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Regency Westwood Village Theatre | Q&A with filmmaker Mario Van Peebles
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Home / Now Showing / NEW JACK CITY
NEW JACK CITY opened in theatres on March 8, 1991, just four days after television outlets released the video of LAPD officers beating Rodney King. The film’s premiere became the setting for brawls and gun violence in New York, Chicago, and Las Vegas, resulting in at least one death. In Los Angeles, Westwood’s Mann Theatre overbooked the premiere, leaving ticketholders outside without seats. The resulting “Rampage in Westwood,” the name given premiere night by the Los Angeles Times, saw rioting, looting, and police intervention. Interviewed for the LA Times, Ava DuVernay, then an 18 year old student at UCLA, explained that the Mann Village Theatre’s decision to shut down NEW JACK CITY is because “they don’t want black people in Westwood,” paralleling a similar panic around the premiere of Spike Lee’s MO’ BETTER BLUES. “They’re using (NEW JACK CITY) as an excuse. They’re afraid this place is attracting too many black people, basically.”
On April 9, 2022, the American Cinematheque and Mario Van Peebles bring NEW JACK CITY back to Westwood – at the Regency Westwood Village Theatre – in a landmark screening to reclaim space and the power of Black film.
Set in Harlem in 1986, NEW JACK CITY (1991) chronicles the crack epidemic and the rise of crack cocaine gangs. It’s a blistering crime thriller and gangster film. The story depicts the ascent of Nino Brown, portrayed by Wesley Snipes, to Harlem turf ruler and ruthless kingpin of the Cash Money Brothers (CMB) gang. As he takes over, converting apartment buildings into crack houses and accumulating mounds of money, Nino Brown makes enemies, causes turf wars, and triggers vengeance between gangsters and police alike. Mario van Peebles’s bold directorial debut references Blaxploitation stalwarts like SHAFT and SUPERFLY, pop icons like Miami Vice, and gangster epics like THE GODFATHER and SCARFACE. NEW JACK CITY is a glitzy, yet complex example of “New Black Realism” – a term coined by scholar Manthia Diawara to characterize a new wave of Black filmmaking. With streetwise dialogue, fluid hip hop sonics and vibrant visuals, NEW JACK CITY gives insight into the conflicting forces behind the War on Drugs and the toll of poverty and addiction on ‘urban’ communities. The film boasts a prominent ensemble cast including Ice-T and Judd Nelson as cop duo, Scotty Appleton and Nick Peretti; Chris Rock as Pookie, a crackhead turned informant; the late Bill Nunn as Duh Duh Duh Man, bodyguard and CMB thug; and Vanessa E. Williams as Keisha, CMB’s gun-toting, enforcer and assassin.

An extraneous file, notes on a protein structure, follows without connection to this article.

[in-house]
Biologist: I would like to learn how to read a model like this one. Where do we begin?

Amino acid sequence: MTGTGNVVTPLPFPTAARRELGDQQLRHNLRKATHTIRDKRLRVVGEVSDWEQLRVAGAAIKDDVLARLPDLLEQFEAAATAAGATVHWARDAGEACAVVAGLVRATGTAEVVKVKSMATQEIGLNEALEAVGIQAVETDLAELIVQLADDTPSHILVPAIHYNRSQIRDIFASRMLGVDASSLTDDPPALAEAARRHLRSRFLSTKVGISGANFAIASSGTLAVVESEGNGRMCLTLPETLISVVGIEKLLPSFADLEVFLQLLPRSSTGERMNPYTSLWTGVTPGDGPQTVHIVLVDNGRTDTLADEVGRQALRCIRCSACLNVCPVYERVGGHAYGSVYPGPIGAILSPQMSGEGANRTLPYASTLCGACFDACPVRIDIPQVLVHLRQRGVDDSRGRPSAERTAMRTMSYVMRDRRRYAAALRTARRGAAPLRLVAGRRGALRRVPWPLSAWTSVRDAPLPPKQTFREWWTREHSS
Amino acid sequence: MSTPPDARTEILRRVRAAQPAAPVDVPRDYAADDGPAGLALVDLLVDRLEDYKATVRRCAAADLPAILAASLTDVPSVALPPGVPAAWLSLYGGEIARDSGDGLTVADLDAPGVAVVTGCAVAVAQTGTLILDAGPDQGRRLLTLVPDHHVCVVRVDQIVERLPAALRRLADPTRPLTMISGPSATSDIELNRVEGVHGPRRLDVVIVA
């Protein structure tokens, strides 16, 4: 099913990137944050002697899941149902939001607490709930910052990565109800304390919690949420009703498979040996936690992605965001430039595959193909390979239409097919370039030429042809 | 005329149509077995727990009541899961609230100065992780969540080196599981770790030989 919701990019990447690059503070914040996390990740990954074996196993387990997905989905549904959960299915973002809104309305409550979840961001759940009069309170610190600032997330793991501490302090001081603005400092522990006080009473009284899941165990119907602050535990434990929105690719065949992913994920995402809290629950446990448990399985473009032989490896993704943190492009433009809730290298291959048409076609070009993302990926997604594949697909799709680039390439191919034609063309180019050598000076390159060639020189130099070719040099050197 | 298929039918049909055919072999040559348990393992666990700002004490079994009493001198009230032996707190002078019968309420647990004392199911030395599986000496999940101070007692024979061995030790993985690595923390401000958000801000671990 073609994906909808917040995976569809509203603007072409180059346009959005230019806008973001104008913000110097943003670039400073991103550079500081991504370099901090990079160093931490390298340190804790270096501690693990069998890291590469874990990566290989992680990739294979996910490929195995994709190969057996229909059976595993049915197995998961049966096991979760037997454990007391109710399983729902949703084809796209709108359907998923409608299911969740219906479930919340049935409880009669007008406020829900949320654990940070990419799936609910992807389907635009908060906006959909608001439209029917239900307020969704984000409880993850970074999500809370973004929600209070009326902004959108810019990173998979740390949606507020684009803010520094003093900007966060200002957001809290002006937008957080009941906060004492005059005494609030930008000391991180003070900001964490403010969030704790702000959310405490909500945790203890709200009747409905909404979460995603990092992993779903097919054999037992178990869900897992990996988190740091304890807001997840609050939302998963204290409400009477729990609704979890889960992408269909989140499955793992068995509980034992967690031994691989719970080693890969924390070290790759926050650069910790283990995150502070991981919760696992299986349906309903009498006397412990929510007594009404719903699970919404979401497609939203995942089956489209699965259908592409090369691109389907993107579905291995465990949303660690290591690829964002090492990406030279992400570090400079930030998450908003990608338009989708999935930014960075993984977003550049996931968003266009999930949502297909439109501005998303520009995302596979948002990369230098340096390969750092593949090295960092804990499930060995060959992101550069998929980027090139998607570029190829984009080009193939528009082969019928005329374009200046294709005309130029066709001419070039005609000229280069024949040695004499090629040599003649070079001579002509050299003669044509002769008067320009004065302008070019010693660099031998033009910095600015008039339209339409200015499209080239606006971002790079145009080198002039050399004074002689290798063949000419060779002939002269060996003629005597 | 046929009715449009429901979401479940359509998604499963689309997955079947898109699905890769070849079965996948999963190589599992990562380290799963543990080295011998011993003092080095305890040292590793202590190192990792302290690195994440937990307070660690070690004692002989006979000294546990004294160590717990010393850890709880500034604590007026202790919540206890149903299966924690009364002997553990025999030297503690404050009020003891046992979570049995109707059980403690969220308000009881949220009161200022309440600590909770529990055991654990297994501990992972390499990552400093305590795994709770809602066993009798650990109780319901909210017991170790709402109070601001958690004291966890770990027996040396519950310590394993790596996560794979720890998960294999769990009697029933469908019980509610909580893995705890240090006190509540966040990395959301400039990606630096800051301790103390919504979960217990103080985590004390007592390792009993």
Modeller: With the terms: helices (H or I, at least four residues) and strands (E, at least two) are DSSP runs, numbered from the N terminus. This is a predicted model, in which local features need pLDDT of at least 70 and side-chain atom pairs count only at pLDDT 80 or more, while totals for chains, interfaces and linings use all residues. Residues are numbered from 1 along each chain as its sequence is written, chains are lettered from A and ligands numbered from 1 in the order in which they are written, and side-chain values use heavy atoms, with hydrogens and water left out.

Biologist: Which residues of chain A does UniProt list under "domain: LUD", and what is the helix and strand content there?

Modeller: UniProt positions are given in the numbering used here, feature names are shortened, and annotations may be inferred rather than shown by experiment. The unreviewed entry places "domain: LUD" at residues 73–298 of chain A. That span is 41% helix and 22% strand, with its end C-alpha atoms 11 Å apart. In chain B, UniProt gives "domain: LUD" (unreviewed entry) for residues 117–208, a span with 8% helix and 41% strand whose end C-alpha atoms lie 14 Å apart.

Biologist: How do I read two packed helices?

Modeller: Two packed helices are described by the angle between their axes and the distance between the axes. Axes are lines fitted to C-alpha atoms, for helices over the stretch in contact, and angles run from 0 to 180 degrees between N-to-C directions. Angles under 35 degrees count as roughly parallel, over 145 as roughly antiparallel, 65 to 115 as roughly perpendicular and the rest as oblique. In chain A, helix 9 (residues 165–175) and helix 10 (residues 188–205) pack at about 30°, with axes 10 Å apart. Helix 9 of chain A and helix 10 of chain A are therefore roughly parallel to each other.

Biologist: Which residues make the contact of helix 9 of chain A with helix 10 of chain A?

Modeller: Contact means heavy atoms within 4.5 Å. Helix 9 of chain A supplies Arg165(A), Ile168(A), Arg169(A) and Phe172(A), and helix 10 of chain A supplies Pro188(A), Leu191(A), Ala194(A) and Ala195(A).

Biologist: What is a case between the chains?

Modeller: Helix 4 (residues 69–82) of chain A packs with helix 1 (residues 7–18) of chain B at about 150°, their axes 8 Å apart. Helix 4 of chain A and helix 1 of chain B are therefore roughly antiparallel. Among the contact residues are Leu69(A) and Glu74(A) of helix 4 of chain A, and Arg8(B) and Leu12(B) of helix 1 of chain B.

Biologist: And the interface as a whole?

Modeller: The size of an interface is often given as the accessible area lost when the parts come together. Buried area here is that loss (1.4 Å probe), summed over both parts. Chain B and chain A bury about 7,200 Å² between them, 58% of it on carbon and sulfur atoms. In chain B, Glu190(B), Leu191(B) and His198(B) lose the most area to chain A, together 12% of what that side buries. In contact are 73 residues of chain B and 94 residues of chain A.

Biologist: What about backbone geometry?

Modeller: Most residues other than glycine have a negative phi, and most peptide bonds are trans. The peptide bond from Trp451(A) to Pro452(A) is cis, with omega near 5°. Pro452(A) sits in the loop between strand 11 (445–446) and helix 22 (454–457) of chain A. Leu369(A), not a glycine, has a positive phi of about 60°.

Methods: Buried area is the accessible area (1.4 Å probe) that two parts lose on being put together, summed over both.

Despite the violence and fearmongering surrounding NEW JACK CITY, the film garnered commercial success. With over $47 million in ticket sales and a platinum soundtrack, NEW JACK CITY became the top-grossing independent film of 1991 and the first movie of the “gangsta” or “hood” film cycle that dominated Black cinema through much of the 90s.
NEW JACK CITY is the inaugural film screening for the ‘Perpetratin’ Realism’ program.
DISTRIBUTOR: Warner Brothers
In the early 1990s, a new wave of Black filmmakers drew audiences from around the world with their bold exploration of Black rage and desire. These films – dubbed by scholar / critic Manthia Diawara “new Black realism” – featured dynamic portrayals of Black people grappling with the hierarchies of power and the living legacies of white racism, gun violence, and illicit economies. From NEW JACK CITY to BOYZ N THE HOOD, these films were popular and profitable – attracting Black audiences to movie theatres…and sparking panic amongst white neighborhoods and business owners. These same Black audiences became the target of police surveillance and repression.
Despite their mixed critical reception, these films reimagined genre filmmaking (from coming-of-age dramas to heist thrillers and buddy comedies) by exposing the failed promises of racial progress and national inclusion. These stories of Black life, love, and friendship navigated complex and often contradictory representations of Black people – in news media, reality television, sitcoms, music, and fashion. This media landscape collapsed the distance between the image and the real – but Black filmmakers forced open and played in that space.
Perpetratin’ Realism reflects on Black visual culture and actual Black lives from this very same space.
-Dr. Felice Blake, Dr. Keith Harris, Dr. Roya Rastegar
This program was made possible by a generous grant from the Hollywood Foreign Press Association
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